At this time of social media, we expect to be engaged in what is going on, even if we do not comment. Those who witness your vows are more than passive onlookers. They care. Your love can touch them, and reconnect them with the love they have for their loved ones.
I have come to realize that this way of thinking is self-imposed slavery, and I want to break free. I don't want the plague of spending the rest of my life helping people find happiness, while suffering silently for having that happiness myself.
This first month, Nisan, is an exciting, auspicious and joyful time. The word for month, Chodesh, itself means "new," and since Nisan is the beginning of a new cycle of months, it begins a new round of newness, if you will.
Heartache may seem like a loss initially, but its broader gain becomes evident in time. If we temporarily put aside the angst associated with damaged love and decipher its crucial function in our lives, we can mend our heartbreak and blanket ourselves in its hidden blessings.
The idea that a 2000-year old wall lacking spackle in-between those many heavy meleke limestone is now standing because of thousands of prayers, requests, and names are holding it up, is nothing short of miraculous.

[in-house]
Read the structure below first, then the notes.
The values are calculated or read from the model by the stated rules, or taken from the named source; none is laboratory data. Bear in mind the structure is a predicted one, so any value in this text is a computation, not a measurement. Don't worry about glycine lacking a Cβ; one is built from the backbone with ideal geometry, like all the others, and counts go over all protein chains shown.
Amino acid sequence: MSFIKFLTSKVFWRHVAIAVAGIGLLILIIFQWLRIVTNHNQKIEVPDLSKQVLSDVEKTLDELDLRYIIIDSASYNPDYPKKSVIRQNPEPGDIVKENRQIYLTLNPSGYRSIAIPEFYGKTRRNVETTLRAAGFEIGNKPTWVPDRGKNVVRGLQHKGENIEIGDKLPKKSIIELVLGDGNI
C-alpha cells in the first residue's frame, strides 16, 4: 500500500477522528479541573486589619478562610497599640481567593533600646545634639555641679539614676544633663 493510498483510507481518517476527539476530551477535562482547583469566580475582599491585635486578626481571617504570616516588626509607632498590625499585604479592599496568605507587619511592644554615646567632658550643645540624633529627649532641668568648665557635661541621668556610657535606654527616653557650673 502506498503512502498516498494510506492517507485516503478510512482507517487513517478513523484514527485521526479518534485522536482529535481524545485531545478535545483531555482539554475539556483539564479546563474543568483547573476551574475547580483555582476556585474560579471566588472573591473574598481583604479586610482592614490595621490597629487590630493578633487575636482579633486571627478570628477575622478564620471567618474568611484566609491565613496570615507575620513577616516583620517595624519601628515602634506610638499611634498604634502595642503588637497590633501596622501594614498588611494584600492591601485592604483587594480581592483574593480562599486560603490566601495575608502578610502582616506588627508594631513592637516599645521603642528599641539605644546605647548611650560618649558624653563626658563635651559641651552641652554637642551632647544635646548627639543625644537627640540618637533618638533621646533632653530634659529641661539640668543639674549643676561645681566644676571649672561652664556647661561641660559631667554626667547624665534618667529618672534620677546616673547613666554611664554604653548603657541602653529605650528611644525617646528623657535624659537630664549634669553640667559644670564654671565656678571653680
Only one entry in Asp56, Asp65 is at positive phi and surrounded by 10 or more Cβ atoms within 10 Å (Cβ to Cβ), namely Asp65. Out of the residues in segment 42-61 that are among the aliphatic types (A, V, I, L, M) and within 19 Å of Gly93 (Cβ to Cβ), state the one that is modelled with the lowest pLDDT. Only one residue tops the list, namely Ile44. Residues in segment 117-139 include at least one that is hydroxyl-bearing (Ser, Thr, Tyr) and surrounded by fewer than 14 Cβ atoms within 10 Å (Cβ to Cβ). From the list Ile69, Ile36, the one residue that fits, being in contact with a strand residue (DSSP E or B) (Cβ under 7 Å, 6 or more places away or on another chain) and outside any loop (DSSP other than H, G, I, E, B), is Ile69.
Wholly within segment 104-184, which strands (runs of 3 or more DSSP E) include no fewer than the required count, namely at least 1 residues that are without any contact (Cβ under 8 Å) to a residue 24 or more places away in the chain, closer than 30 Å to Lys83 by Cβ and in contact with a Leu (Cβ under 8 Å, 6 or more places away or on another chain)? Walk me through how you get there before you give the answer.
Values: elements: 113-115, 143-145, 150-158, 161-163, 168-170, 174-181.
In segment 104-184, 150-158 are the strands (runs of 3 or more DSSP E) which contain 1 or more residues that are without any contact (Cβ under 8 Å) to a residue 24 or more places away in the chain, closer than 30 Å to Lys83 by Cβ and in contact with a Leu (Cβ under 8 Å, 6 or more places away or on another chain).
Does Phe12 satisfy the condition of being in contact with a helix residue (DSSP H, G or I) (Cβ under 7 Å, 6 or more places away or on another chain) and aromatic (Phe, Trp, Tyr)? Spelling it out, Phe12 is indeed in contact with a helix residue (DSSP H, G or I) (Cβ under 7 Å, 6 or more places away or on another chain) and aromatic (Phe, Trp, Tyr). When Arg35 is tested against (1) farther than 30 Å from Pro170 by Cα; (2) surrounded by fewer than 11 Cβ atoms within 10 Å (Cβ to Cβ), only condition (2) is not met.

May your children be blessed with the holiday spirit so that they experience no melt-downs, no squabbling fits, no food throwing and joy sparkling from their eyes like snowflakes glinting off your neighbor's garish light display.
How we view the world affects how we act in the world. We certainly have one hundred things that we do every day -- make phone calls, hold meetings, eat meals. The question is, through what lens do we look at those events?
As Diabetes Month ends, I don't know how much we've accomplished. I don't know how many more people with diabetes will take better care of themselves. Or how many people realized they may have undiagnosed diabetes and went to get a fasting blood sugar test.
This year as we gather for Thanksgiving, let's set an intention to treat ourselves and each other with care and, when faced with the question, "What am I thankful for?," let's notice the sensations and emotions that arise.
Time does not need to be our enemy, but it will always be our moderator of life. If we learn to treat time as the precious commodity it is, and allow it to bestow us with blessings in the right moment, we begin to acknowledge that we can have exactly what we want.
The next time you do not get that job that you so desperately wanted or you were unable to purchase the house of your dreams, take a deep breath and know that this roadblock is temporary and it must pass.